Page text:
Marshall v. Meriden et al

Filing 200

RULING granting in part and denying in part 166 Motion for Summary Judgment; granting 175 Motion for Summary Judgment; denying 183 Motion for Summary Judgment. Signed by Judge Janet C. Hall on 11/28/2017. (Lewis, D) (Additional attachment(s) added on 11/28/2017: # 1 Corrected PDF) (Lewis, D).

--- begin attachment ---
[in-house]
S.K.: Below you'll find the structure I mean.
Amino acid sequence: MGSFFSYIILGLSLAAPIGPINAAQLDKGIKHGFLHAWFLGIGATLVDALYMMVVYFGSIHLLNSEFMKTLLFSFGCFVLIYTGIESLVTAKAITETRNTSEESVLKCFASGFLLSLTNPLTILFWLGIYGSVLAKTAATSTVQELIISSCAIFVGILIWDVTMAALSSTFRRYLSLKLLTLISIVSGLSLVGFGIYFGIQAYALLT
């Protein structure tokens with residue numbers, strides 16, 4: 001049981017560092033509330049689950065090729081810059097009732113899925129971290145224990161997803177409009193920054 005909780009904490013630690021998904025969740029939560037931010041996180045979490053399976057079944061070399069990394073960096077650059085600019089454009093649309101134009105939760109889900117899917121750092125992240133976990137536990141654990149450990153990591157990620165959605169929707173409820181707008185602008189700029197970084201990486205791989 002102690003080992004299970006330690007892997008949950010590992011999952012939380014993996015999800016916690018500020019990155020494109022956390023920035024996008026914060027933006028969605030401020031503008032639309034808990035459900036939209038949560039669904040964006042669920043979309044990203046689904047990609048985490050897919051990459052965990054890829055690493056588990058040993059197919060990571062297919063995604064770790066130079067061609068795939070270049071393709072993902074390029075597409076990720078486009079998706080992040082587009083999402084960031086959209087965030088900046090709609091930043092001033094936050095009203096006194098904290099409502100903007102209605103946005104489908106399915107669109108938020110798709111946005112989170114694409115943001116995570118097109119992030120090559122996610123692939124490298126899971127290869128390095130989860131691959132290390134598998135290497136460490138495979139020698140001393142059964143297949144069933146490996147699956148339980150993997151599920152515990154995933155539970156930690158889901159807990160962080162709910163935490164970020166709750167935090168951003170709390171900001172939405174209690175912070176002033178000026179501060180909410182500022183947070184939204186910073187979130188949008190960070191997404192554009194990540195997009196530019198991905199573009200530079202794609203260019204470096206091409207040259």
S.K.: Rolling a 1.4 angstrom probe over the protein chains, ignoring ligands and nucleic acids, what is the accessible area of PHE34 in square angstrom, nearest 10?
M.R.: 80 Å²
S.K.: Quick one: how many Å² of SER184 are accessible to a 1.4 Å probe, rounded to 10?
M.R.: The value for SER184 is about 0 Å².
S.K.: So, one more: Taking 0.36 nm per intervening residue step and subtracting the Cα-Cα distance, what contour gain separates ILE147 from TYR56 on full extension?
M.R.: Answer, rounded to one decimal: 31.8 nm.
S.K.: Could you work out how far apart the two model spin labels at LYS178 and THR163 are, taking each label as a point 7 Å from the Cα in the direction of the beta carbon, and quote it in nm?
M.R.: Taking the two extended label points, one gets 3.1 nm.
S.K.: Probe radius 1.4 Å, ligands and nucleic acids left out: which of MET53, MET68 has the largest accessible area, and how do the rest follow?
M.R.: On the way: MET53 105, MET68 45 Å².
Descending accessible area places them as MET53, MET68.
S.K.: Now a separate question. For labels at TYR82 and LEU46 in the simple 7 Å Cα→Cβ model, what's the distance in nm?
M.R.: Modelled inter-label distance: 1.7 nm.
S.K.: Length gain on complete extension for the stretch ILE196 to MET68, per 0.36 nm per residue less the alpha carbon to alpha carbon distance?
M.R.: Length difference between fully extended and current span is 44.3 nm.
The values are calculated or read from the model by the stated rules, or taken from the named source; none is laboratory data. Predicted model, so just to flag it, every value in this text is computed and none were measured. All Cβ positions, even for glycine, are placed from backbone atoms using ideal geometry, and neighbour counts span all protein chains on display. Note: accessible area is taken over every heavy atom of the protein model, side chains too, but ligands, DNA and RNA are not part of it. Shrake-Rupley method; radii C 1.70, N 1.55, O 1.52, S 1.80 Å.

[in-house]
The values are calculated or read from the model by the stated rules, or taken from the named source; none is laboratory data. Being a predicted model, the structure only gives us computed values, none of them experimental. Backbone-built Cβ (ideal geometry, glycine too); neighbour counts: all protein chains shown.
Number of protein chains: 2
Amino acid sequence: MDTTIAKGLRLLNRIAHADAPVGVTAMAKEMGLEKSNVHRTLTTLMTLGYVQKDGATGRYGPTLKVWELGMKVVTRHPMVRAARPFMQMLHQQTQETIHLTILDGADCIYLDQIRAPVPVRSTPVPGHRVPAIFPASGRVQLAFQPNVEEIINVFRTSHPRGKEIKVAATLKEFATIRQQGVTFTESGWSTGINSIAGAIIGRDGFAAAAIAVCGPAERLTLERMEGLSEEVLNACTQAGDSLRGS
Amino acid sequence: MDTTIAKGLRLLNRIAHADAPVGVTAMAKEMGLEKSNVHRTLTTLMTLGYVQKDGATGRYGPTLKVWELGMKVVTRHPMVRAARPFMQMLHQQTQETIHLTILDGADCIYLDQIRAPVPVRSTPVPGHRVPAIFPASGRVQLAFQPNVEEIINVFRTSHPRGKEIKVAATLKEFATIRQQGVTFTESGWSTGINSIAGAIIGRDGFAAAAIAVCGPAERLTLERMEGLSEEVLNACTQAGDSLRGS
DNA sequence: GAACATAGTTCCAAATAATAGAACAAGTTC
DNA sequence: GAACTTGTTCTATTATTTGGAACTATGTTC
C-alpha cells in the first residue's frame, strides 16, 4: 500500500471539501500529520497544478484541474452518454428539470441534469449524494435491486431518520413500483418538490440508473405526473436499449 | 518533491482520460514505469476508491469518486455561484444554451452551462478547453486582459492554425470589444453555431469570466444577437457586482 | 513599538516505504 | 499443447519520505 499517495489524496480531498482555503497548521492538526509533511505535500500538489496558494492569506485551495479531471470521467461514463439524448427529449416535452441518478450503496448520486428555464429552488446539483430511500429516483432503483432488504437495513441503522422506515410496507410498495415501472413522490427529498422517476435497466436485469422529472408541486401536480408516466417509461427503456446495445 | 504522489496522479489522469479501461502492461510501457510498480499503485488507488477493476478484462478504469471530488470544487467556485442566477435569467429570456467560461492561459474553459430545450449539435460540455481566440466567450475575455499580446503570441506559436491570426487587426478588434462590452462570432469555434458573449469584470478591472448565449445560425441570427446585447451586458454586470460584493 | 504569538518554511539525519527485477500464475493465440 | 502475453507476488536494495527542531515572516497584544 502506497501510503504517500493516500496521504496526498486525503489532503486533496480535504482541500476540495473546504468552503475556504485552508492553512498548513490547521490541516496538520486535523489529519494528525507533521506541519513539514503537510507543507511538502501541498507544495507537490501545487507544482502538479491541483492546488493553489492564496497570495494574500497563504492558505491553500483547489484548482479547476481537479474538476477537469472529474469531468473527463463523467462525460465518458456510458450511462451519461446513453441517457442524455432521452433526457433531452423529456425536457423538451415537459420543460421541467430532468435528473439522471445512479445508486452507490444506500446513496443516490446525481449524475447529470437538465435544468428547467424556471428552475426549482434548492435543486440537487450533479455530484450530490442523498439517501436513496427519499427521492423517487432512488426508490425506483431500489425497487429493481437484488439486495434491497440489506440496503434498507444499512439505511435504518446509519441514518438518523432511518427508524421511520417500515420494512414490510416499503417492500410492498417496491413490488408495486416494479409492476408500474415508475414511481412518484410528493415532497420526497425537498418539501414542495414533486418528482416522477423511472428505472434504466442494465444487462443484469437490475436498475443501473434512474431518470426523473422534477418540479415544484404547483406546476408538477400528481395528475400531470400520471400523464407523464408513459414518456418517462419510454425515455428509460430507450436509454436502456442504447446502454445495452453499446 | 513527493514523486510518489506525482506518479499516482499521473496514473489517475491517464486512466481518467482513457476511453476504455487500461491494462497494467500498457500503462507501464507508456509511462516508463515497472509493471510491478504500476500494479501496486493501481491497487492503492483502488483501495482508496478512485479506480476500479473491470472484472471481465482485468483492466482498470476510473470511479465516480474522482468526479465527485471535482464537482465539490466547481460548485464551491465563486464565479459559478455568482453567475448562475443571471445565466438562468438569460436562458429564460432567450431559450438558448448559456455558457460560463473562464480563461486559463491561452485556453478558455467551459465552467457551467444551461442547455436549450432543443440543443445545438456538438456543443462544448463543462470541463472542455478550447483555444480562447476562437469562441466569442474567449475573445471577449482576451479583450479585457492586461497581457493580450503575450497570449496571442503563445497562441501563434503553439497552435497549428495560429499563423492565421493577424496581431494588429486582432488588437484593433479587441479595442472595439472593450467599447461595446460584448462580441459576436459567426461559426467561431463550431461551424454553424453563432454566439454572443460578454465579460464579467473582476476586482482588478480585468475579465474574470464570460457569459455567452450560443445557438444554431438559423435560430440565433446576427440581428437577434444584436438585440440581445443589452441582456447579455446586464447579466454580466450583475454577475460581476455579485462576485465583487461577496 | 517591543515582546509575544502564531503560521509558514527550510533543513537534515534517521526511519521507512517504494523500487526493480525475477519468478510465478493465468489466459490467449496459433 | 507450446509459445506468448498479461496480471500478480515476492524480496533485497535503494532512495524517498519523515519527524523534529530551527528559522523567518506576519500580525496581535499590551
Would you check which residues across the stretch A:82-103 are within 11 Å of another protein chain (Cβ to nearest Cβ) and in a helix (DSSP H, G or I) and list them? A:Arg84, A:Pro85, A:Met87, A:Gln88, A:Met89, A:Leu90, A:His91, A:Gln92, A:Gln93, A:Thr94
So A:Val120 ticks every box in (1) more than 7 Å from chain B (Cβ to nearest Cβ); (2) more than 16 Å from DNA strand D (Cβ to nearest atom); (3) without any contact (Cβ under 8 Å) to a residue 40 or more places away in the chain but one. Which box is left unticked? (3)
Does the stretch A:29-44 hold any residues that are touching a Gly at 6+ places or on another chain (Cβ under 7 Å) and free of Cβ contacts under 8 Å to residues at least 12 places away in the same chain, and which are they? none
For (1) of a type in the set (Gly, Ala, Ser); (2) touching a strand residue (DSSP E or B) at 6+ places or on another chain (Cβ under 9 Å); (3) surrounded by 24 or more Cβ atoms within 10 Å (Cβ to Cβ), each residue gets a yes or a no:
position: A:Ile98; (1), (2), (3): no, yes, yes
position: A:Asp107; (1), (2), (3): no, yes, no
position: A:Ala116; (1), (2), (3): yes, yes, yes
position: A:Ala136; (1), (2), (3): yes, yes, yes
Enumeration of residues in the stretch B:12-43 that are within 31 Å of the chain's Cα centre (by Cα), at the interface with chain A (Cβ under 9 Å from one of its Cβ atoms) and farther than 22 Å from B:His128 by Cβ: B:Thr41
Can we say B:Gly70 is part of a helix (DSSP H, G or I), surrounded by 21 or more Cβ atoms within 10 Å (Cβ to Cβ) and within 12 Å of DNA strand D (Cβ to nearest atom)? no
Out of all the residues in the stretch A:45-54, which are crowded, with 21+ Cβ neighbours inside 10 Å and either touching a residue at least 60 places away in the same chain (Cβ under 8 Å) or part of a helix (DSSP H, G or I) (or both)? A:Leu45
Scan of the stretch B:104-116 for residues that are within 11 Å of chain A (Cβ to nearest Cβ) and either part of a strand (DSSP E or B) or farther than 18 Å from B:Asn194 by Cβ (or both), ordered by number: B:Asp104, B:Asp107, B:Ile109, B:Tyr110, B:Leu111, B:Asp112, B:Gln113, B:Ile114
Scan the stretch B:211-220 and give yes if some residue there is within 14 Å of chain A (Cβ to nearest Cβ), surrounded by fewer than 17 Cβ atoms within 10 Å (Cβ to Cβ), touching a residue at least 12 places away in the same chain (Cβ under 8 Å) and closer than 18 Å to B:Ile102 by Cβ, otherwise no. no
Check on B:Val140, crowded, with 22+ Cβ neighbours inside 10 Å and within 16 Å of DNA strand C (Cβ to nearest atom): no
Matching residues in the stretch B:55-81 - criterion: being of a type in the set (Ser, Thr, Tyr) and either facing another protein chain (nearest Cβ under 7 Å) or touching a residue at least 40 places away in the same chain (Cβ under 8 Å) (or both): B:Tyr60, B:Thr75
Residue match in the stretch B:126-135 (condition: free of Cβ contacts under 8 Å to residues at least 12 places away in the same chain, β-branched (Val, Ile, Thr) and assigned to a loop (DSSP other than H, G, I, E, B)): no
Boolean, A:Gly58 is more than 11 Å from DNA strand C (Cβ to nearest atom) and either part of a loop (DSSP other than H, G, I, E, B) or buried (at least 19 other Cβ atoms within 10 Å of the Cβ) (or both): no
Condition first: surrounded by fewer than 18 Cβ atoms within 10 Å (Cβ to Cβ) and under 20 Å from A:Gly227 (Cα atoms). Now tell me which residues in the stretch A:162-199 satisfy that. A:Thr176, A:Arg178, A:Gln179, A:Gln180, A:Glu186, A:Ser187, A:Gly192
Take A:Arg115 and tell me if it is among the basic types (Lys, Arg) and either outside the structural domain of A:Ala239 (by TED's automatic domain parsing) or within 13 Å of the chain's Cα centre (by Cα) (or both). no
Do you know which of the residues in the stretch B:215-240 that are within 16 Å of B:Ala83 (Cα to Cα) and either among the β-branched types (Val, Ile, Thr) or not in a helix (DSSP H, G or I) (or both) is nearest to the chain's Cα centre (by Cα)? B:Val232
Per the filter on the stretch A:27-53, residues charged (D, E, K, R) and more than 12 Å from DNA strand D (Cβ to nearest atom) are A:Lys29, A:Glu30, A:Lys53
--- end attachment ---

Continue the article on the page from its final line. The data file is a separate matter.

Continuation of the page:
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unnecessarily tightly so that Marshall was “experience severe pain.” 2d Am. Compl. at ¶¶ 23–24. However, Marshall does not allege that he was injured, physically or emotionally, by any of this conduct, except that he sustained quarter-inch sized bruises on the sides of his wrists that went away without medical treatment within two to three weeks of the arrest.9 See Marshall Dep. (Doc. No. 166-3) at 150–55. The court has concluded that Evan Cossette and Pekrul had probable cause to arrest Marshall, and “some degree of force is necessary when effectuating an arrest.” Frederique v. Cnty of Nassau, 168 F. Supp. 3d 455, 472 (E.D.N.Y. 2016) (quoting Sash v. United States, 674 F. Supp. 2d 531, 538 (S.D.N.Y. 2009)). Given that the alleged conduct took place during an arrest, the court concludes that Marshall has not alleged– –much less provided evidence to support––sufficiently egregious behavior on the part of Evan Cossette or Pekrul to state a claim pursuant to article first, sections seven and nine of the Connecticut Constitution, and the defendants are entitled to summary judgment on this claim. 3. Additional Issues Related to Claim One Before proceeding to Marshall’s additional claims, the court is compelled to address two additional issues, which are argued at length by Marshall in his CrossMotion for Summary Judgment, and are related to––but not material to the outcome of– –the false arrest claim. First, in his Memorandum, Marshall attacks several of the factual assertions of 9 The court notes that Marshall has also alleged that, in the holding cell, Zakrzewski applied handcuffs that were too tight. See Pl.’s Statement of Facts at ¶ 17. It is not clear whether Marshall is alleging that the bruises on his wrists were caused by the handcuffs applied by Evan Cossette, or Zakrzewski, or both. 13 53a-180 does not prohibit Slezak’s conduct.13 The court further notes that the discrepancy––while deeply troubling––does not alter the court’s conclusion with respect to the false arrest claim against Evan Cossette and Pekrul, which conclusion is based on the existence of probable cause resulting from the COLLECT query. As to the hearsay argument, the court notes that the report, which is authored by a defendant, is not hearsay because it is the statement of an opposing party. See Federal Rule of Evidence 801(d)(2). Furthermore, even if the author of the report were not a defendant, it would still be admissible if used to prove something other than the truth of the matter asserted, such as impeachment of a witness. Id. at 801(c)(2). In Response B, defendant Evan Cossette asserts that the evidence demonstrates that Slezak was present, although Evan Cossette is notably silent on the matter in his sworn Affidavit. See Evan Cossette Aff.; Def.’s Response B (Doc. No. 190) at 4–5. Defendant Evan Cossette also argues that the issue is immaterial in any event. Def.’s Response B at 5. Although the court is highly skeptical of the first argument, the court agrees that the issue is immaterial to the resolution of the pending Motions for Summary Judgment. B. Unlawful Seizure (Count Two) In his Second Amended Complaint, Marshall brings an unlawful seizure claim against Evan Cossette and Pekrul on the ground that those officers unlawfully seized his license plate. 2d Am. Compl. at 10–11. The court need not reach the question of whether a license plate can lawfully be seized as evidence of registration and insurance 13 In arguing that section 53a-180 does apply, Marshall selectively quotes the provision, leaving out the language which cabins that section to reports of “a fire, explosion, catastrophe or emergency.” See Pl.’s Mem. at 12. 17

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